<img height="1" width="1" style="display:none" src="https://www.facebook.com/tr?id=1678611822423757&amp;ev=PageView&amp;noscript=1">
Defrag This

| Read. Reflect. Reboot.

The Difference Between PGP, OpenPGP, and GnuPG Encryption

Greg Mooney| July 10 2019

| security, Encryption

the-difference-between-pgp-openpgp-and-gnupg-encryption

Ah, cryptography. It’s so important to us in our every day lives and yet it has one of the longest and confusing pasts of any type of technology we use today.

Encryption has been used since ancient times by generals, spies, rebels, and even politicians. The cipher is considered one of the earliest forms of encryption and was used in Ancient Rome to keep information secret. Not even the messenger would know what a message meant without the proper decoder rings. The story goes that two people who needed to communicate securely over long distances could with the cipher.

Nowadays, encryption is necessary to ensure that no one is listening in on our conversations and to keep would-be criminal actors from stealing or corrupting that data. However, the fundamentals of encryption today are much the same as they were in the ciphers of the past. Of course, the encryption algorithms today are far superior with the help of advanced mathematics and computers, thus making brute force attacks much harder to pull off.

In this article, we are going to discuss three popular forms of encryption called PGP (Pretty Good Privacy), OpenPGP, and GnuPG (GNU Privacy Guard). They are similar in that OpenPGP is an open alternative to PGP (we will get into why later), and GnuPG is based off of the OpenPGP standard. Confused yet? You aren’t alone. All three standards are in use today, but have different applications.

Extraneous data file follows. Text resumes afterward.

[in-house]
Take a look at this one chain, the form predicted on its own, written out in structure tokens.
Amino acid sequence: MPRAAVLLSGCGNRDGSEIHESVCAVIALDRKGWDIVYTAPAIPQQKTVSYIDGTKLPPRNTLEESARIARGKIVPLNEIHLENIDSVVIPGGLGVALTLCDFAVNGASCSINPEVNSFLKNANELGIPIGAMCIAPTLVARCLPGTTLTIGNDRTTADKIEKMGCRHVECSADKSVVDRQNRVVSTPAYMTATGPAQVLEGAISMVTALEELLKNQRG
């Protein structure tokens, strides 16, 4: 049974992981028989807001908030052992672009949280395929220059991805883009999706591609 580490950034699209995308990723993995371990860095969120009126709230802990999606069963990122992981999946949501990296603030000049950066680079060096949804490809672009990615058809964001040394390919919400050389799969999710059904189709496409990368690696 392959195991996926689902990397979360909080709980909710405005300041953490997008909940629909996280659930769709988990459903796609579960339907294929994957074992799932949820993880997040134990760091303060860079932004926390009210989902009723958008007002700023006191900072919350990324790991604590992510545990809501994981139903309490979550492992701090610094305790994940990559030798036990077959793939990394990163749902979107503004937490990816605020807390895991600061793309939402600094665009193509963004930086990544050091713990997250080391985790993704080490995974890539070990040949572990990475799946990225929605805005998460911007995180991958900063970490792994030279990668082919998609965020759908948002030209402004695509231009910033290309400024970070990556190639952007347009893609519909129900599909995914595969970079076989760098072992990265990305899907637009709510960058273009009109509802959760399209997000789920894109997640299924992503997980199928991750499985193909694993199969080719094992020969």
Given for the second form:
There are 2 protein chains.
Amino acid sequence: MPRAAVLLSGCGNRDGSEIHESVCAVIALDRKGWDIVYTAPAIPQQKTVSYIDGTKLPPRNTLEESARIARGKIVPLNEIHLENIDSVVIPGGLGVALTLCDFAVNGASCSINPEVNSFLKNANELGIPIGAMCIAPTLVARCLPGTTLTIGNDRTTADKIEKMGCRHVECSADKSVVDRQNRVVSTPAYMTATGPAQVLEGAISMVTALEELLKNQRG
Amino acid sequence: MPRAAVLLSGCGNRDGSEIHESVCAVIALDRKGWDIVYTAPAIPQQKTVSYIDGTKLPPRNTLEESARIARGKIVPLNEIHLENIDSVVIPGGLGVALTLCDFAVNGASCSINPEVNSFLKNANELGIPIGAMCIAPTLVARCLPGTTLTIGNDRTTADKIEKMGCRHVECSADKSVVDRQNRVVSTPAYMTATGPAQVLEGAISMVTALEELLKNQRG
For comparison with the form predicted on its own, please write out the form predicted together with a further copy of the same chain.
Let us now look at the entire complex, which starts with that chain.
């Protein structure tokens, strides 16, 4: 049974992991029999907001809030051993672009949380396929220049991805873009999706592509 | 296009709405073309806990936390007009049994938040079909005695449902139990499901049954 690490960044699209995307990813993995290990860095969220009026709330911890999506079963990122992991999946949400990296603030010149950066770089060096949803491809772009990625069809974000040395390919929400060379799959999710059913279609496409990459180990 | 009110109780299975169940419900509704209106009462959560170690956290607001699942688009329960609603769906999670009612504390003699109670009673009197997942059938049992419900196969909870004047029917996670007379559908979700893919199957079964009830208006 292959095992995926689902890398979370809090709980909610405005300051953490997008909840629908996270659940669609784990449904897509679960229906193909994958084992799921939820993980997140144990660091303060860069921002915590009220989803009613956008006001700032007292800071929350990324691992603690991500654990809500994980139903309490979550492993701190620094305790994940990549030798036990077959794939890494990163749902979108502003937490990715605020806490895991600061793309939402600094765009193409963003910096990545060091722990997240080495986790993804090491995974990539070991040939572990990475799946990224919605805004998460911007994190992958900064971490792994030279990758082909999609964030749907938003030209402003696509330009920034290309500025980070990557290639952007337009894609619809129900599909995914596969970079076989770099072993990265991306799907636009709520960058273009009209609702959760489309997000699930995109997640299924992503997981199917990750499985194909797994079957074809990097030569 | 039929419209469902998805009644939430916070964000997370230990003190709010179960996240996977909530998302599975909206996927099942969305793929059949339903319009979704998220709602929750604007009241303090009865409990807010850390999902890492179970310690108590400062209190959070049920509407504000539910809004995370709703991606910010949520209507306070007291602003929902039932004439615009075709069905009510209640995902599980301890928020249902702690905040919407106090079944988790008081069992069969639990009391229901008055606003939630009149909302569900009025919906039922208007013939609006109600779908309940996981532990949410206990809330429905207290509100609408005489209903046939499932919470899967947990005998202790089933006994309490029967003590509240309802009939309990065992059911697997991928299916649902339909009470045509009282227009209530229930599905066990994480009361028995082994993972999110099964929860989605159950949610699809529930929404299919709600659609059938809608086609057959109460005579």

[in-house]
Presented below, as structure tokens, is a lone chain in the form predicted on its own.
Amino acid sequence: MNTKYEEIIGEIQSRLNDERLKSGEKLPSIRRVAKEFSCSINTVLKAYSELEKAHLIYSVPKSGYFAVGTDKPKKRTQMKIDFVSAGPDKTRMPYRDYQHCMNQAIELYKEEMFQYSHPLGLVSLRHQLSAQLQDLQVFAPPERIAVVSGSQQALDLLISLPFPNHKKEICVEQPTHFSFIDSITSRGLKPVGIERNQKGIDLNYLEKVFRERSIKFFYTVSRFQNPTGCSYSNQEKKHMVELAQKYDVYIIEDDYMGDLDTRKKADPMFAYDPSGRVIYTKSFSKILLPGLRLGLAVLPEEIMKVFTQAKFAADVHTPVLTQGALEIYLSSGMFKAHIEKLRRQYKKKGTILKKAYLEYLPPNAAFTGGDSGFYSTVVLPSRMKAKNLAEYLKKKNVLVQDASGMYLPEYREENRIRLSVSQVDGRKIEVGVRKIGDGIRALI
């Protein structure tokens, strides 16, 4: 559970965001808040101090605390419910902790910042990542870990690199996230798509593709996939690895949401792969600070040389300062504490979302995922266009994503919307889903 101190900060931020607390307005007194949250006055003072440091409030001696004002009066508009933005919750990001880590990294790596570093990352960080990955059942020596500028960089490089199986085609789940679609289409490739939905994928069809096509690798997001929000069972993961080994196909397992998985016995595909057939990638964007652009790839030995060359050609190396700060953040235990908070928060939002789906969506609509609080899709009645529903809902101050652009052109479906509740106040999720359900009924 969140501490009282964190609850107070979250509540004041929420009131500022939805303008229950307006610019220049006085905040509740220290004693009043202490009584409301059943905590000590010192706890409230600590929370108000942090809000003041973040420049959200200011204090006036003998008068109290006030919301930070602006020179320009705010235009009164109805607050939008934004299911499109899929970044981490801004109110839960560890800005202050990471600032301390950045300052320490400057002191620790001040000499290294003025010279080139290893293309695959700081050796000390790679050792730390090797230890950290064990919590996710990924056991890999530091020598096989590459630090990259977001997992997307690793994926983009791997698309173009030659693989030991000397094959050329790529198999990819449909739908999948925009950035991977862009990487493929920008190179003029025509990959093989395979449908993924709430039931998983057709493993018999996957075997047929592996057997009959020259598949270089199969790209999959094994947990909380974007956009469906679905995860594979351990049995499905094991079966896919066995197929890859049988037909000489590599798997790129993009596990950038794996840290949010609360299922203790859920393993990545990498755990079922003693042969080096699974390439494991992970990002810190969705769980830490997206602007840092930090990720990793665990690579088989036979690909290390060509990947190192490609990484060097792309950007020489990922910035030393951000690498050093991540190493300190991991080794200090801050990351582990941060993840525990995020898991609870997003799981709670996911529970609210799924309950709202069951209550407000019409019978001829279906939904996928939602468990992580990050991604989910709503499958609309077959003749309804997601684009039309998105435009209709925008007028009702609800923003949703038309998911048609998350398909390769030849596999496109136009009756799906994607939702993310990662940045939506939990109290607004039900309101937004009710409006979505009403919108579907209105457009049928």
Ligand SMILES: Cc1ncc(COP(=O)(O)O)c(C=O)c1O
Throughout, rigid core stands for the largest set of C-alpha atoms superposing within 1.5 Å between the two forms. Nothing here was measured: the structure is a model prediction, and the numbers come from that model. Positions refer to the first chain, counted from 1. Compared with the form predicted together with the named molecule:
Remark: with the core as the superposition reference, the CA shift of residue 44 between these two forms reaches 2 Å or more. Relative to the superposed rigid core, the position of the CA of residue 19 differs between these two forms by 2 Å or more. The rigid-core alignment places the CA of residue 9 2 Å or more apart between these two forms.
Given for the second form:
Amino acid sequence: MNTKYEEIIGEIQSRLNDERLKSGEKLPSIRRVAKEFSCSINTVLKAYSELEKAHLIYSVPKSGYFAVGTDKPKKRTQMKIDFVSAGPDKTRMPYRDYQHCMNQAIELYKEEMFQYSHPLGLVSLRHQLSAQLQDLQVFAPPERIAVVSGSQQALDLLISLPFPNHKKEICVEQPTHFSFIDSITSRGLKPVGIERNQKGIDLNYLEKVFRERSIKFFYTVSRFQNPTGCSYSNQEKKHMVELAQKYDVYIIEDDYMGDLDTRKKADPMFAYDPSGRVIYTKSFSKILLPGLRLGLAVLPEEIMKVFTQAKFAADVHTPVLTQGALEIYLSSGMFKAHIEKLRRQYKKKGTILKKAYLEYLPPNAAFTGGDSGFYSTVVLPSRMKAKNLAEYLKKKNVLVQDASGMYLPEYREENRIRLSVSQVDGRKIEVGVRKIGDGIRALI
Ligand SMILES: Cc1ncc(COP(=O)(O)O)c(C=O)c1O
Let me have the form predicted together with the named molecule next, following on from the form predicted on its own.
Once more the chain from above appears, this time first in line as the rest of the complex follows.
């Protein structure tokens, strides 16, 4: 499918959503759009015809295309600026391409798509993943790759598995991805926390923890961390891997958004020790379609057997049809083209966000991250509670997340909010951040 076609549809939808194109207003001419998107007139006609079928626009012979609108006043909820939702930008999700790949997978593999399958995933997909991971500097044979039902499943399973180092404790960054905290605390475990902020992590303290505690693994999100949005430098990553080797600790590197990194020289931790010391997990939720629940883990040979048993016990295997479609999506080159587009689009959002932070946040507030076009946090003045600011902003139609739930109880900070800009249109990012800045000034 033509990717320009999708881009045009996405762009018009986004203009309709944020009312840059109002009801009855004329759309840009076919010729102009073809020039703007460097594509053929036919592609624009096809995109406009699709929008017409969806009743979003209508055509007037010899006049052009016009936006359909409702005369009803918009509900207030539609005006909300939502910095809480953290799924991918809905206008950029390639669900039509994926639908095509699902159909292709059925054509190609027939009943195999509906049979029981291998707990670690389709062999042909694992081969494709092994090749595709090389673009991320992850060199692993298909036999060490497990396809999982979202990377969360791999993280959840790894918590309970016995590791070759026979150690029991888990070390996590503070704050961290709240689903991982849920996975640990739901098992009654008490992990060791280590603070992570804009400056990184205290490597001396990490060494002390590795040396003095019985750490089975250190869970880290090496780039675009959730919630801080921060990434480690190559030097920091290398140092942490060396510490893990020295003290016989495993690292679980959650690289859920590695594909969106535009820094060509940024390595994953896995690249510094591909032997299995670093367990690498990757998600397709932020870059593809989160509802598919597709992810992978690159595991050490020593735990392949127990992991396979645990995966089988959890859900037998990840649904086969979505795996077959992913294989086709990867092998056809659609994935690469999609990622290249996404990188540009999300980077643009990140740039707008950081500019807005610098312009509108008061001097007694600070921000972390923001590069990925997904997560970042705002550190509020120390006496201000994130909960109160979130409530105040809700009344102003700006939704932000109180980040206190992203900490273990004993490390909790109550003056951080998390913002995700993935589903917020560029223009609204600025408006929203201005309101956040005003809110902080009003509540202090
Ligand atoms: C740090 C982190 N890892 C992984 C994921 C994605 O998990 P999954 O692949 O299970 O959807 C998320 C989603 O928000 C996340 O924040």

What is PGP?

Pretty Good Privacy, also known as PGP, was originally created by Phil Zimmerman in 1991 as a way for people to communicate without eavesdropping. Today, it is used to encrypt and decrypt text messages and email. In a nutshell, the idea is that when you want to send an encrypted message or file somewhere, you encrypt it with a random key that will then be encrypted with the receiver’s public key. This public key can only be decrypted with a private key that only the designated 

Managed File Transferreceiver has.  That way, even if people know your public key, the receiver is the only one who can decrypt the file or message. The thing with PGP is that it isn’t an open patent and is currently owned by 

Symantec. Going further back into the 1990s, there used to be a law in the US that restricted the export of cryptographic technology outside the US. PGP was soon to be found being used overseas after being created by Phil Zimmerman. This led to a lengthy investigation in which no charges were every pressed against Zimmerman. However, Zimmerman released the source code of PGP which would allow any party to create their own versions of encryption software based off the original PGP source code. Since source code is protected under the first amendment, there really wasn’t much the US government could do since these new versions. That’s where OpenPGP came into play a few years later.

What is OpenPGP?